Using the example above, the PC sees that he rolled Dark Side pips, and decides to let the people die because he doesn't want to get conflict. As a GM, I'd really strike home with this - narrating the situation. "You reach out the Force to stop the rocks from falling. The ebb and flow of the mystical energy field surrounds you, penetrates you, but you see the rocks falling faster than you can summon the concentration to stop them. Pinpricks of fear lance through you, as desperation grips you. Do you stop the rocks now, or take the extra time to calm yourself?" Explain to them that they have the opportunity and capacity to save them, and if they don't conflict will ensue from ignoring their plight. They can take the small conflict gain for the Force Point conversion, or risk a greater one if the helpless NPC's die.

 

Is this a case of being penalized for a bad roll? Kind of, but so is dying because you fail a Fortitude save in D&D. What it really is, is an opportunity provided by the dice to explore how the character deals with their own shortcomings. How do they recover from their fear motivating their actions. They either used the fear of failure to save the people, or gave in to the fear of falling by letting the rocks go. In either case - you as the GM can help get your players over the mechanical intimidation of the Force/Conflict/Morality system and into the joys of role-playing their inner fight between their Emotional Weaknesses and Strengths.

 

I think it's important when dealing with the system, it's important not to look at the Force Pip generation/Morality/Conflict/Destiny Point/Emotional Strength and Weakness systems as separate entities, but rather part of a whole "nervous system" of functionality.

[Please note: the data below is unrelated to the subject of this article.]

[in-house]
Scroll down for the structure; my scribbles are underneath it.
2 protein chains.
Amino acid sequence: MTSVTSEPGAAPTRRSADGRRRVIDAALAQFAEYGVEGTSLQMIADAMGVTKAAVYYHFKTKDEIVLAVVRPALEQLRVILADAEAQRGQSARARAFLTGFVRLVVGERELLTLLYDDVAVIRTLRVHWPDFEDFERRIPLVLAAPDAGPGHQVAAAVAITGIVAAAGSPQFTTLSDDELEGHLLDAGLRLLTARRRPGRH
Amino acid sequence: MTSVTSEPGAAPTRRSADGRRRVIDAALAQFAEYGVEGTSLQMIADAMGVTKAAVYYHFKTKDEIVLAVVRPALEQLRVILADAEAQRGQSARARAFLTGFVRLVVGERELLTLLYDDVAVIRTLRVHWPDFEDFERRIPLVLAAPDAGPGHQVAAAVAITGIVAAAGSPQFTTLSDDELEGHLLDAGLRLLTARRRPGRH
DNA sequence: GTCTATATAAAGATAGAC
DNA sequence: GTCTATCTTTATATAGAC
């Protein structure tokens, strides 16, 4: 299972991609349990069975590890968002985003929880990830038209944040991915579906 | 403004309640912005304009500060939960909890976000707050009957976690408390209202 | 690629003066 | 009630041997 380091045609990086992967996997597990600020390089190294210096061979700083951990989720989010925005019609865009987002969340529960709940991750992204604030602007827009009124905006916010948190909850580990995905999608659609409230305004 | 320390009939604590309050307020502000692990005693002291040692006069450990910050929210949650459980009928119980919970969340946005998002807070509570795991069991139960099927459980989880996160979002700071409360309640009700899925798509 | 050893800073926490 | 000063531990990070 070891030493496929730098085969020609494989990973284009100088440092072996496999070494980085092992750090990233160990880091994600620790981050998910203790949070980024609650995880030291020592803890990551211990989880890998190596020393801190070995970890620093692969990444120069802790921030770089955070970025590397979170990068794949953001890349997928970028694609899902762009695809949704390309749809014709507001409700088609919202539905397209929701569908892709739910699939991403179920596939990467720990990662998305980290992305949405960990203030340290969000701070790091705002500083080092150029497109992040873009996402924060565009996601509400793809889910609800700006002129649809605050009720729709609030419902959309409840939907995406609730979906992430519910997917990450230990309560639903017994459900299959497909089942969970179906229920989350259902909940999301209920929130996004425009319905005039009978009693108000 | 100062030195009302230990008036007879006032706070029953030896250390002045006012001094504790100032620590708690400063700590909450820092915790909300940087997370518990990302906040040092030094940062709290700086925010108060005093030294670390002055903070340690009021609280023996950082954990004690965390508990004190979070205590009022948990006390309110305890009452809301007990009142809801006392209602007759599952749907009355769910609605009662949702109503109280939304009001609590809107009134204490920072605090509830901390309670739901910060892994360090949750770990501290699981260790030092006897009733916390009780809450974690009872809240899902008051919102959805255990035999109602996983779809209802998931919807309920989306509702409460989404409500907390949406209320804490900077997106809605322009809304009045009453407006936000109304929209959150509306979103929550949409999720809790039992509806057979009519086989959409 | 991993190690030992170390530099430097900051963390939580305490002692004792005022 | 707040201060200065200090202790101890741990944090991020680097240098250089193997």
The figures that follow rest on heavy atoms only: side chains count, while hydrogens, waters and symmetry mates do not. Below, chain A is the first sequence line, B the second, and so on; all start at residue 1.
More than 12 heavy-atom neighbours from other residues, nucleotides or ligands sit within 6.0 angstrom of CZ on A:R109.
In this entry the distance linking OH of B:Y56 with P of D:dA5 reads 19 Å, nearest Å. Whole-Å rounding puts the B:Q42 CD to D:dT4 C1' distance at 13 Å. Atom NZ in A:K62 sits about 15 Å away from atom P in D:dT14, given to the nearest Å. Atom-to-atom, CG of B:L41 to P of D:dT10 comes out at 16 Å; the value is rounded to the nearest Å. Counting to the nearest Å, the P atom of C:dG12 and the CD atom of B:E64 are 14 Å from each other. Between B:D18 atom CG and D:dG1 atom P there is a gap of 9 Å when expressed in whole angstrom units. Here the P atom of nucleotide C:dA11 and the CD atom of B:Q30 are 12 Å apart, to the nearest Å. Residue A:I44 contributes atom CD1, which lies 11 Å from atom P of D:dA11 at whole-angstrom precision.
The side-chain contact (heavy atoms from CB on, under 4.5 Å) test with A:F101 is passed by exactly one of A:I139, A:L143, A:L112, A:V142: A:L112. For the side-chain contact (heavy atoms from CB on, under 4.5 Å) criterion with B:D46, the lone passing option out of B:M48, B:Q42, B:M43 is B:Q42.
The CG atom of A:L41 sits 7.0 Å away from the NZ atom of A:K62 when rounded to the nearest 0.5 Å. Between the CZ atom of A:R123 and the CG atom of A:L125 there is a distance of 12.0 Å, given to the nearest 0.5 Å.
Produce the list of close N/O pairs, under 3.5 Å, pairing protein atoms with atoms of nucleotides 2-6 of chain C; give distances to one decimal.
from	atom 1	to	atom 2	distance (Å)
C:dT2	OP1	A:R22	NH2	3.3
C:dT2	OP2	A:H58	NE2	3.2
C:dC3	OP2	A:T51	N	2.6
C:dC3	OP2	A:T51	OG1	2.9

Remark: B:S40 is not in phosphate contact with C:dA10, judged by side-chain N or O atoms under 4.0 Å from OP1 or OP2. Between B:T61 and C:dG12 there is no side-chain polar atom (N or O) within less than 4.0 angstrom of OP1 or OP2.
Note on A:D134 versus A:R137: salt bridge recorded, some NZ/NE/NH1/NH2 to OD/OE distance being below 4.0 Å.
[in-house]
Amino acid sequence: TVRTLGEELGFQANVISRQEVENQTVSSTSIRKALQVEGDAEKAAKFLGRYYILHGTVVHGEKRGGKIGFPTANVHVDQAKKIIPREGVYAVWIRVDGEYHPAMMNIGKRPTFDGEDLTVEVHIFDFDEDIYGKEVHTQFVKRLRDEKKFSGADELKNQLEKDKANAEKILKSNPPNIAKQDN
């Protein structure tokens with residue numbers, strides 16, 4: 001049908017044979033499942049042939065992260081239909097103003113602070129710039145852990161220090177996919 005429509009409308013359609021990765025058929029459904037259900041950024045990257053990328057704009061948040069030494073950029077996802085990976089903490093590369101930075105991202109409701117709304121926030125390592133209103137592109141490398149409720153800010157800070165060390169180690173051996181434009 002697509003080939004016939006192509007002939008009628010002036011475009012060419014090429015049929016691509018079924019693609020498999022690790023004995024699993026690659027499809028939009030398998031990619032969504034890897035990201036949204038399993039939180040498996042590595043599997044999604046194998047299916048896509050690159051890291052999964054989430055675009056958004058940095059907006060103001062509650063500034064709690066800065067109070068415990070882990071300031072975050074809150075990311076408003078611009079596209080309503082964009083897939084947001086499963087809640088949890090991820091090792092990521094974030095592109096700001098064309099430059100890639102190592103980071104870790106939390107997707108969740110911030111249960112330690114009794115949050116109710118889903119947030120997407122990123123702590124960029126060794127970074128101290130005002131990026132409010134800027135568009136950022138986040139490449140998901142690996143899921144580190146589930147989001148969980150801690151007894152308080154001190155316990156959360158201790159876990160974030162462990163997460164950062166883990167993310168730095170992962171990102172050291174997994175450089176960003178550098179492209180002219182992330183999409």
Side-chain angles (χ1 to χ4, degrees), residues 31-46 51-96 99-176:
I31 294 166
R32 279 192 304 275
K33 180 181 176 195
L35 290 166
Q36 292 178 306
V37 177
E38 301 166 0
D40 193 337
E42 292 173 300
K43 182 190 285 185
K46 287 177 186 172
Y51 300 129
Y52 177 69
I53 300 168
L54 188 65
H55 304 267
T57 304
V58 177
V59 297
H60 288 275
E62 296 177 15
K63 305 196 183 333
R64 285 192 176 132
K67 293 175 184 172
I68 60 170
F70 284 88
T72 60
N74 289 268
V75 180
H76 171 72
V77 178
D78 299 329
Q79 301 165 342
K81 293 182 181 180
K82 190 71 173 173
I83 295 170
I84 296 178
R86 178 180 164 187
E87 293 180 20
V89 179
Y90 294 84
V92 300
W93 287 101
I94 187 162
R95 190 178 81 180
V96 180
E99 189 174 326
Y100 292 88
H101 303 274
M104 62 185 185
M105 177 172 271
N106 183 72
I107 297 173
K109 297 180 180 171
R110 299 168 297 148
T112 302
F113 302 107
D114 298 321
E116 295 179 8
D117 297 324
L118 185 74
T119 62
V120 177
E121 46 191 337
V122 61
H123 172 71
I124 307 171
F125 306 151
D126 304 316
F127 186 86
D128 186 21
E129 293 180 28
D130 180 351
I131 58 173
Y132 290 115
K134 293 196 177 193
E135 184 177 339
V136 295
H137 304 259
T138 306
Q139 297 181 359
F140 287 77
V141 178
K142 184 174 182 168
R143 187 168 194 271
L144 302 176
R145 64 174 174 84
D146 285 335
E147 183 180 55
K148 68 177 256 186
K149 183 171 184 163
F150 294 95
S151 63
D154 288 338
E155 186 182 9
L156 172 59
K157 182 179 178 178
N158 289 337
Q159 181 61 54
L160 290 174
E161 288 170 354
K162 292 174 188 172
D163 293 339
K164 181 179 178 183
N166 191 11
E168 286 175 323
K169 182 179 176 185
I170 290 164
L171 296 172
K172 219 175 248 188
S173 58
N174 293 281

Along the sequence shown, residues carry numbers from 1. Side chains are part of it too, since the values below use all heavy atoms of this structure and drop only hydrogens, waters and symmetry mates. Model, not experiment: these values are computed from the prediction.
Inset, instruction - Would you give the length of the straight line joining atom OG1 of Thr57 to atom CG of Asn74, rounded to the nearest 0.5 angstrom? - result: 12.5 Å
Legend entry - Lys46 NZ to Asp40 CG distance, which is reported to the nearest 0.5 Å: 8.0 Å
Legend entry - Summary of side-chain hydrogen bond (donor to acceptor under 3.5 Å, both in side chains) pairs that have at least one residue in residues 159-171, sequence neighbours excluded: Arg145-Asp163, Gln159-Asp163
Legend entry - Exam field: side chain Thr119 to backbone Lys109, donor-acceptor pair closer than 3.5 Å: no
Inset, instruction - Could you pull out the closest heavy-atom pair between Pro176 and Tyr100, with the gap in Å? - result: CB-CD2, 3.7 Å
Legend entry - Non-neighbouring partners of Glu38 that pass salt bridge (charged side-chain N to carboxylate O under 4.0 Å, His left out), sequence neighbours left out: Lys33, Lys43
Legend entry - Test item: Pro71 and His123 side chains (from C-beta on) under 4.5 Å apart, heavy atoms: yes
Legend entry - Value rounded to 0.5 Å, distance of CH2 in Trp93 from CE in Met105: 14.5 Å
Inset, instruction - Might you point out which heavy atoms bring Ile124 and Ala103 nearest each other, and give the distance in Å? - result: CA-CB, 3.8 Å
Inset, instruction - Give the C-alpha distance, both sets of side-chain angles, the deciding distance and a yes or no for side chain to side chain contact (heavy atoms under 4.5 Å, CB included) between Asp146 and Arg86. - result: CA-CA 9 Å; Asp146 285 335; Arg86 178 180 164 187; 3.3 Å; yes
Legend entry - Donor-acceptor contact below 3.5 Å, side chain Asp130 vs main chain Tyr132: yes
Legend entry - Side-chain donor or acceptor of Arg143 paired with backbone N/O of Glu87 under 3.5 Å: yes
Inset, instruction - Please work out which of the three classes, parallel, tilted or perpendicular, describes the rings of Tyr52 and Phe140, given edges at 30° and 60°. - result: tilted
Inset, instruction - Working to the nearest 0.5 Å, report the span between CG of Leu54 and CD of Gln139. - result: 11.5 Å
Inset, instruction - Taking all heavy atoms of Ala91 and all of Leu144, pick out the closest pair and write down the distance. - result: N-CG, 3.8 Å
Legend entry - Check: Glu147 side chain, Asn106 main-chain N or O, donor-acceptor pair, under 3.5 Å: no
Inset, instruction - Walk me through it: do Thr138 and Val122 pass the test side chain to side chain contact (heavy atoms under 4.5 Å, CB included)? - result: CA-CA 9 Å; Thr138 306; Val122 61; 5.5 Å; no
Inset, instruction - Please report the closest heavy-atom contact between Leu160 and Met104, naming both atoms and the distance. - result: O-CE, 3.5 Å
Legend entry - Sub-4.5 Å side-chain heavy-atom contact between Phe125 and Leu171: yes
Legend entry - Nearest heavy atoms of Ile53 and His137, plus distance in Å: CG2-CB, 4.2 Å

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In my mind only one of those actions generate conflict. I wouldn't give any dark side for failing a roll. Obviously the will of the force is that you do not manage to stop it, you can impose your will on the Force (and take the consequence of twisting it) or you can live with the fact that you are too weak to save people and have to deal with the consequences of that.

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This isn't something I think should be used as a mechanic, but a role playing tool. How many times did you play a game with a morality system, or have players in your own games now, who either set out and said, "I'm gonna be a paragon of good!" and called that a day? We have seen the stories about players refusing the use dark side pipe to use Move to save a life because the life lost was worth LESS TO THEM THAN THEIR FAKE MORALITY POINTS. That is a mechanic that is driving the role playing and this should a role playing driving the mechanic.